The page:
Pressure Shifts in the Telecom Market

Michael is a member of The Motley Fool Blog Network -- entries represent the personal opinion of the blogger and are not formally edited.

Given that the telecom market is virtually a duopoly between AT&T (NYSE: T) and Verizon (NYSE: VZ), it's hard to imagine news otherwise would make the headlines. However, T-Mobile's recent acquisition of MetroPCS (NYSE: TMUS) was all over the tabloids in past weeks, and surprisingly, the company that may have been affected the most wasn't even involved in the deal. By securing its purchase of MetroPCS, T-Mobile has turned up the pressure on Sprint (NYSE: S)

It is believed that the third and fourth place members in the telecom field, Sprint and T-Mobile, were jockeying for position in the acquisitions battle. Sprint, you may remember, did make a rather feeble attempt at MetroPCS earlier this year, but a hesitant Sprint board apruptly abandoned that effort. And you can't blame them, really. Let's not forget the Sprint-Nextel tragedy of 2005, in which the merger of Sprint and Nextel Communications produced the what is now a marred combination company. 

However, the purchase of MetroPCS, the company which many analysts believed was the best company on the table with regard to potential acquisition, leaves few options for Sprint. Sprint does hold a larger market share, currently serving 56.4 million subscribers, while the new T-Mobile (including MetroPCS) has 42.5 million. Neither company is nowhere near the race for first, which currently features AT&T and Verizon jockeying for position. But Sprint and T-Mobile are competing for third and fourth -- with doubts that the market can sustain a fourth place much longer. Let's look at each company's market share according to its number of subscribers:

As you can see, Sprint has only about half the market share of the two "big guys." Yet many doubt that, with the market the way it is, T-Mobile and Sprint can both exist. 

With the purchase of MetroPCS, only far less attractive options remain for Sprint, one of which is Leap Wireless International (NASDAQ: LEAP). Many thought that Leap was T-Mobile's primary choice. When it committed to MetroPCS instead, Leap shares fell 18% on the announced day of the merger. 

Another potential deal in the making could involve Clearwire (NASDAQ: CLWR), which already provides high-speed data to Sprint. A further possibility rumored could include DISH Network, which has been unable to develop its own mobile phone network despite having plenty of spectrum. At a recent conference involving T-Mobile, Charles W. Ergen, the Dish Network's chairman, noted, "Sometimes when one door closes, a window opens somewhere else," hinting that he would be open to considering other options now that T-Mobile's off the table. 

Some analysts have even promoted other options for Sprint, including buying the new T-Mobile to create a third striking force in the market. No one knows whether the FCC would approve such a deal, but the two companies together would hold about the same number of wireless customers as AT&T did, obviously posing a threat to the No. 2 company in the field.

Whether or not these predictions are realistic, there is surely added pressure on Sprint: It needs to assert itself as a present player in the field. And, last week, that's just what it did.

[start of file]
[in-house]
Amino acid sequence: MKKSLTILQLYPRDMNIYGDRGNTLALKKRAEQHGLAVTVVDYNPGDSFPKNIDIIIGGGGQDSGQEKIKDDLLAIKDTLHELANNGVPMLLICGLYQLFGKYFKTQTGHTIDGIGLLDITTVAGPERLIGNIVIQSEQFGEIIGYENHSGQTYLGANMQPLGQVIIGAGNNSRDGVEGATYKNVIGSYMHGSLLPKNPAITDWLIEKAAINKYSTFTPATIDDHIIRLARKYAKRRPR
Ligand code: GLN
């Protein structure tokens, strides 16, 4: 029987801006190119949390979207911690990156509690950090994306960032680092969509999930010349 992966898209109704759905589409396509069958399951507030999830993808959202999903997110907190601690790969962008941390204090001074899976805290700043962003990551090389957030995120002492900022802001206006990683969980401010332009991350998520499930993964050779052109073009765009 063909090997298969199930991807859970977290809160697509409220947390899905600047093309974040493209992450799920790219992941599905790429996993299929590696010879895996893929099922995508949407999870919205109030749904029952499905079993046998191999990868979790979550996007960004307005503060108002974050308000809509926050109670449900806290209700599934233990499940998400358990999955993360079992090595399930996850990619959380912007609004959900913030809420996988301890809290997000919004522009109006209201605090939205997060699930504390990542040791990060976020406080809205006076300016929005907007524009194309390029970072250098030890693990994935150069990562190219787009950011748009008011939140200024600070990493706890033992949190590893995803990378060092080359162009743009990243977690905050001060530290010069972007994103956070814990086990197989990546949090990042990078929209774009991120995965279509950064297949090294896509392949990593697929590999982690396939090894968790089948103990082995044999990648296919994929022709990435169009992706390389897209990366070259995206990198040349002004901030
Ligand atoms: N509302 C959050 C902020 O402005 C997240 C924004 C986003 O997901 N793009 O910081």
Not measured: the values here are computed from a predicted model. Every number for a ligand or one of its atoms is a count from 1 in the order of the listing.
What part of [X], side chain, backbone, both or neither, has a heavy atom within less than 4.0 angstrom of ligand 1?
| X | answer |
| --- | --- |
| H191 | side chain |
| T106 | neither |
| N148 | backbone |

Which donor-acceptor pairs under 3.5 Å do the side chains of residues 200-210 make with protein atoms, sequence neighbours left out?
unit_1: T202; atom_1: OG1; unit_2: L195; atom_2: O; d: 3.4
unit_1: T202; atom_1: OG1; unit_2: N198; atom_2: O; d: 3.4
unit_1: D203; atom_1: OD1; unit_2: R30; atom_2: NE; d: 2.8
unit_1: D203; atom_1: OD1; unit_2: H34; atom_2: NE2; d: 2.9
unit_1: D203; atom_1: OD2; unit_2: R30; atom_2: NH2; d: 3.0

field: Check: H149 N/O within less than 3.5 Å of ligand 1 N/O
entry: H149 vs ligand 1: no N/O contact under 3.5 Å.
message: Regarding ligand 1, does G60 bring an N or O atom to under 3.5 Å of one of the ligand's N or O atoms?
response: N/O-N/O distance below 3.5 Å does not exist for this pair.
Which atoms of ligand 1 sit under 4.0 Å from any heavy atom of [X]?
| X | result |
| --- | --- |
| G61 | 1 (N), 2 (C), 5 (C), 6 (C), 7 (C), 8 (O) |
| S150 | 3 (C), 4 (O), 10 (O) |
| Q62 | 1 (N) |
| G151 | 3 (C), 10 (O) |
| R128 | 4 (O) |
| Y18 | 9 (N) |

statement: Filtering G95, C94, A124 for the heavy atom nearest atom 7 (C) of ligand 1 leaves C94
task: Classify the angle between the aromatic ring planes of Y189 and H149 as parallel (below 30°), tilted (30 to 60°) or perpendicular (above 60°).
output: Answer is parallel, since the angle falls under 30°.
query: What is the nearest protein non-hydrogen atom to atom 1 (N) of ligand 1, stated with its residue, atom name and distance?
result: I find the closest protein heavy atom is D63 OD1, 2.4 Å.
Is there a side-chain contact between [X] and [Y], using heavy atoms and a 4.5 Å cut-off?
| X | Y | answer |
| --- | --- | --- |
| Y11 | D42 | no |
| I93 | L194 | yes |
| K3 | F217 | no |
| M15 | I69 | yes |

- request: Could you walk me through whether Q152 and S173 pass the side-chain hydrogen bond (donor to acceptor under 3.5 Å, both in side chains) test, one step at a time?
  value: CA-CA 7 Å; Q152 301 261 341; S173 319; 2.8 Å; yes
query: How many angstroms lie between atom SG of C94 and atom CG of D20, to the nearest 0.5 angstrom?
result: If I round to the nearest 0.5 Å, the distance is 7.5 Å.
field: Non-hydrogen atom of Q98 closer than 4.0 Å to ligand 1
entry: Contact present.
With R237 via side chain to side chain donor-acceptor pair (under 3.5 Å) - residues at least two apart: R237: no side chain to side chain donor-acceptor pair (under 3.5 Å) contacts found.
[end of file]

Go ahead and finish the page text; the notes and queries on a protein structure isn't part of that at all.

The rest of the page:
Sprint announced on the 11th that it was in discussions with Japanese telecom company SoftBank. The following week, SoftBank purchased about 70% of Sprint for about $20.1 billion, about $7.6 billion higher than analyst expectations. The deal remains unapproved by Sprint shareholders, but it's sent the stock skyrocketing 14% since the news broke.

The deal may have been just what Sprint needed: It have been trying to enter the LTE market that AT&T and Verizon brag so much about, yet it has been unable to acquire the necessary financial resources to do so.

The new deal will likely have little-to-no immediate effect on current subscribers: They will keep their phones and their plans. However, for SoftBank and Sprint, it means a combined 96 million subscribers worldwide and the potential for SoftBank to enter the American market after relinquishing attempts to further attack the now-tapped-out Japanese market.

Sprint is particularly excited about the idea of SoftBank because of their past: Years ago, the now-dominator in Japan once rose as a small company to beat a similar duopoly in the telecom field there. Now, SoftBank is clear in its intentions: to create the largest, fastest wireless network in the U.S.

The Foolish Bottom Line

The pressure has surely fallen off the shoulders of Dan Hesse, former CEO of Sprint and now the chief of "New Sprint." The deal transfers a lot of Sprint's problems to SoftBank, who will have its crack at the US market. 

"It could be safe if you do nothing, and our challenge in the U.S. is not going to be easy at all," SoftBank founder and CEO Masayoshi Son said. "We must enter a new market, one with a different culture, and we must start again from zero after all we have built."


Michael Nolan has no positions in the stocks mentioned above. The Motley Fool has no positions in the stocks mentioned above. Motley Fool newsletter services recommend AT&T.; Try any of our Foolish newsletter services free for 30 days. We Fools may not all hold the same opinions, but we all believe that considering a diverse range of insights makes us better investors. The Motley Fool has a disclosure policy.If you have questions about this post or the Fool’s blog network, click here for information.

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